Mr. Chuck Wendig recently wrote another impassioned post (his second on the subject), spurred by an essay written by a former college professor who taught a course as part of a certain university’s MFA writing program.
The professor in question didn’t mince words: in his opinion, most of his former students were not writers and would never succeed as writers, because they lacked writing talent.( http://www.thestranger.com/books/features/2015/02/27/21792750/things-i-can-say-about-mfa-writing-programs-now-that-i-no-longer-teach-in-one )
Mr. Wendig, emphatically, did not agree.
( http://terribleminds.com/ramble/2015/03/02/the-toxicity-of-talent-or-did-you-roll-a-natural-20-at-birth/ ). To paraphrase, he said talent doesn’t guarantee success. What matters most is hard work and perseverance. In fact, he said talent is overrated, to wit:
. . .for authors, it’s a very, very bad thing on which to focus. In fact, I’d argue you shouldn’t care about it.
That got me thinking. I’m a writer. Unpublished as of now, but hopeful. I’ve completed five novels to date, the last two of which–CHERRY and EFFIN’ ALBERT–are decent; even good, or so I’ve been told. To what do I owe this consensus: talent, or hard work?
Certainly, doing the work was critical. Just finishing a novel is an accomplishment in itself; a lot of aspiring novelists never get that far. But writing a publishable novel requires more than getting that first draft down. Revising and revising and revising some more is what makes a decent novel good; a good novel, great. But revising requires effort and dediction. For me, buckets of blood, sweat and tears were spilled in the process of writing and revising my novels, especially those last two.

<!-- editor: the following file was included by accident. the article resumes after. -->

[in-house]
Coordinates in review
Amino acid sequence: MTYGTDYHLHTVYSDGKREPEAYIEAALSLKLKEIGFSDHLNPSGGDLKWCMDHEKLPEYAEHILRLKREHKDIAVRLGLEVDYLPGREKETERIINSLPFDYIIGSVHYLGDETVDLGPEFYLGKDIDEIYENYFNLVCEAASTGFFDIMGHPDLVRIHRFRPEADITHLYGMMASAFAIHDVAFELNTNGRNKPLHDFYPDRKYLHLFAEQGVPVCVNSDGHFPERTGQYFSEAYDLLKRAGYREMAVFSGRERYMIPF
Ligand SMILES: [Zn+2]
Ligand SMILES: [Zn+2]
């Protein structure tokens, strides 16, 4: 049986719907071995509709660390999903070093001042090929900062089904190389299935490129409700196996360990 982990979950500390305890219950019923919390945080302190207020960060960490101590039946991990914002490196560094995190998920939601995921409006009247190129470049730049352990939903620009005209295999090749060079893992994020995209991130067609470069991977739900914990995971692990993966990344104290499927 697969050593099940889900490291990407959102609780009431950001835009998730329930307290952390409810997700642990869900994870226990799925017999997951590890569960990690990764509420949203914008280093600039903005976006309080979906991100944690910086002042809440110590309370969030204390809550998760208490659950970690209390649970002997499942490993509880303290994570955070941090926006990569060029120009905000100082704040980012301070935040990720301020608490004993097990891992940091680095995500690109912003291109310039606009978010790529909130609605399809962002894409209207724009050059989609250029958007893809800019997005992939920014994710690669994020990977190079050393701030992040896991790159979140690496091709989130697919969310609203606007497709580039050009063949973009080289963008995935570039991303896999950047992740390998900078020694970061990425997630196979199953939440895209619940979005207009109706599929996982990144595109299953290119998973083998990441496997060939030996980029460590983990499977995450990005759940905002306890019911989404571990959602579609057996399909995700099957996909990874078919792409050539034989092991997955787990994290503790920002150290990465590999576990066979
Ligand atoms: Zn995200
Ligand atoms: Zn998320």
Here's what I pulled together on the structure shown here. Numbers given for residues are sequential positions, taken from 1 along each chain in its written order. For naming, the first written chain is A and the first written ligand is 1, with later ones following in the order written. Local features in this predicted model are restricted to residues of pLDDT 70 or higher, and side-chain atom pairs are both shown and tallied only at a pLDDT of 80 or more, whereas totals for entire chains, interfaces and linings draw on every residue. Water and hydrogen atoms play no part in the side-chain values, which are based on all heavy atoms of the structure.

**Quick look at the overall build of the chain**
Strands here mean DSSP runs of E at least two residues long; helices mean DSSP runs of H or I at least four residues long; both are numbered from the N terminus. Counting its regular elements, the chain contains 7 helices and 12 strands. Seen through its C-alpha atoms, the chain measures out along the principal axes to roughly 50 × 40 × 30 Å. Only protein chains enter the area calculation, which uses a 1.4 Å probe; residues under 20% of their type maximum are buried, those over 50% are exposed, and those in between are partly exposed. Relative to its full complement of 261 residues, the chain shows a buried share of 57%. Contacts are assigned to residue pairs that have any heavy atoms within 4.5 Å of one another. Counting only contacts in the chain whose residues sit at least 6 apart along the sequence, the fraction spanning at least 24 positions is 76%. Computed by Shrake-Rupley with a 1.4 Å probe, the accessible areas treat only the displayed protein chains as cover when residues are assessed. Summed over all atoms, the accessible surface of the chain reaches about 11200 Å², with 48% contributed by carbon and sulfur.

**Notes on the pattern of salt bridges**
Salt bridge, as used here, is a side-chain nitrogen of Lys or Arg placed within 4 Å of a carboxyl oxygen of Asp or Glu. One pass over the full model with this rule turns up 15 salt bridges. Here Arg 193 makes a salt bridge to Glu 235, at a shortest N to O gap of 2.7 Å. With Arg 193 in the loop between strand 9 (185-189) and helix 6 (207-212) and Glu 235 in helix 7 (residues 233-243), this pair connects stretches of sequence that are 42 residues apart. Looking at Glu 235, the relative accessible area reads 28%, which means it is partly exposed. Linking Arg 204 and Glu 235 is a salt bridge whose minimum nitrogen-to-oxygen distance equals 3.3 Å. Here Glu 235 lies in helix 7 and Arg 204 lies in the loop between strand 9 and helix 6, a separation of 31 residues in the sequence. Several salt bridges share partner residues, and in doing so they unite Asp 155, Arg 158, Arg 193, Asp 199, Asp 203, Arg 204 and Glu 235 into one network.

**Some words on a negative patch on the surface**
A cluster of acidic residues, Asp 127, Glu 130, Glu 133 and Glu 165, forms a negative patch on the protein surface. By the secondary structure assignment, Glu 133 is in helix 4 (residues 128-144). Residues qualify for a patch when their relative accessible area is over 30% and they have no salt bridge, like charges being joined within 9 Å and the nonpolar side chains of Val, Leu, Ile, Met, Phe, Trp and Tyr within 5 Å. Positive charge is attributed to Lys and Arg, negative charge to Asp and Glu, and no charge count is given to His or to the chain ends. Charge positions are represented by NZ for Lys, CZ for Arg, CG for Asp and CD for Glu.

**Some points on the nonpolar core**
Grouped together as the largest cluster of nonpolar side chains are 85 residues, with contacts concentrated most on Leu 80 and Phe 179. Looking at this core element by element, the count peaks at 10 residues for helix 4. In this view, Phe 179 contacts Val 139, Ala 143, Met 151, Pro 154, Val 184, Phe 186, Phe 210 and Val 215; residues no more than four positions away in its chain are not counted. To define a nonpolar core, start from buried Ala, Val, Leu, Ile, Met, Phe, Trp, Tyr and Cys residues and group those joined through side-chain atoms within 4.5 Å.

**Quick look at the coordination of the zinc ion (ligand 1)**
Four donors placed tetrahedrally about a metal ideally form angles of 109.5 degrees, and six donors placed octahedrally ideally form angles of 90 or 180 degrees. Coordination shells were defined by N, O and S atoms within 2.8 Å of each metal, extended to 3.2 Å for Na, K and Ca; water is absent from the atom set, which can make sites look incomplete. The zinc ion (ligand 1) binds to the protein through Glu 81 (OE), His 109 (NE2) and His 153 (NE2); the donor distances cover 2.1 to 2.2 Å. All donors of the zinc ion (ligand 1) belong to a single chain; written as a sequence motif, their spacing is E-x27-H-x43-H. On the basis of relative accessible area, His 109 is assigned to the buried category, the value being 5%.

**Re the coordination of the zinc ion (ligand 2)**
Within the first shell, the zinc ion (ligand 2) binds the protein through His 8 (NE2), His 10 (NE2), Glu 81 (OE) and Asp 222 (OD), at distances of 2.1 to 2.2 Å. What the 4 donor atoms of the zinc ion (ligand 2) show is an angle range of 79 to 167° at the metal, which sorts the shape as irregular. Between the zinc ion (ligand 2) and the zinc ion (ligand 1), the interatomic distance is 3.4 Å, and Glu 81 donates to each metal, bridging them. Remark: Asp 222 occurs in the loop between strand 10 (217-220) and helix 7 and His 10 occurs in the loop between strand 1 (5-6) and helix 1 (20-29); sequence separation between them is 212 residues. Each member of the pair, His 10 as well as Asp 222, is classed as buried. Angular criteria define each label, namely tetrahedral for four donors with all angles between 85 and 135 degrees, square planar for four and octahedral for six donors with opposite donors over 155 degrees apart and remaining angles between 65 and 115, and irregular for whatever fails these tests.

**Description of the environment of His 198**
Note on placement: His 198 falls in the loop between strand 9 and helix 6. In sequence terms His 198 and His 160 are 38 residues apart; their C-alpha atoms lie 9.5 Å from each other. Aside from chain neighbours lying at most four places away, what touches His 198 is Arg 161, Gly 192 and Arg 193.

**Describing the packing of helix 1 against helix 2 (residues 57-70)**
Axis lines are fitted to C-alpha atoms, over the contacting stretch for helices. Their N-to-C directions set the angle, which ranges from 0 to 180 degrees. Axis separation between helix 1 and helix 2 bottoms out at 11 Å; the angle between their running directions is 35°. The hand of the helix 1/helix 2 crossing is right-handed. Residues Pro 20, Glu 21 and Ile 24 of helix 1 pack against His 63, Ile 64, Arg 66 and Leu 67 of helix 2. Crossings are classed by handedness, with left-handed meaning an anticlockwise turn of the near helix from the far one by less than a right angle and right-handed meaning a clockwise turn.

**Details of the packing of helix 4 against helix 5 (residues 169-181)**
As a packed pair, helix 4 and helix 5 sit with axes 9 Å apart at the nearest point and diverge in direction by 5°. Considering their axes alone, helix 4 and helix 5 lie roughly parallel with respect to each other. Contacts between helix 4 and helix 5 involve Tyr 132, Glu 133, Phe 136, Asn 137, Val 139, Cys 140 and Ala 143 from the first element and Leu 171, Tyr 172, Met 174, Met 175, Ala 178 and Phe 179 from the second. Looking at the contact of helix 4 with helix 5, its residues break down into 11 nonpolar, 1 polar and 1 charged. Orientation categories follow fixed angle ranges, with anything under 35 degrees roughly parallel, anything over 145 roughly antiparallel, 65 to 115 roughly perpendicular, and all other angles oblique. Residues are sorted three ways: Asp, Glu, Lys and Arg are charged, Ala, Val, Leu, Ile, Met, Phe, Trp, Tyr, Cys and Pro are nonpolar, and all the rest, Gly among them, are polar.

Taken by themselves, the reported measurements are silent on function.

I think because, as I learned more about writing–about the craft of writing, what makes a good story; as I became more aware of what good writing looked like–I began to hold myself to those higher standards, and I worked that much harder to reach them. Perseverance was paramount, especially on those dark days when I found myself supremely frustrated or worse, stuck. But, without talent, I doubt those novels would exist today. I may have known the stories, but writing them well enough to be worthy of being read demanded more than a modicum of talent.
I’ve always been a shy person, easily befuddled when I try to communicate something verbally, especially when that something is important to me. But writing is different. I feel more confident when I communicate in writing. My thoughts are more cohesive, my voice isn’t as tentative when I write. I’m able to string words together in meaningful ways; even eloquently on occasion. I enjoy writing, perhaps because it comes easily to me, just as drawing comes easily. I suspect I have a talent for both. And yet, without doing the work, learning the craft, taking the risks, putting myself out there, there is no doubt in my mind that my stories would remain closeted; my dreams of publication, unfulfilled.
I know how fickle the business of writing can be. Success isn’t promised to any writer, hard-working or not, talented or not. But to have any kind of shot of seeing my stuff published one day, I have to believe that talent and hard work will have gotten me there. Together, and in equal measure.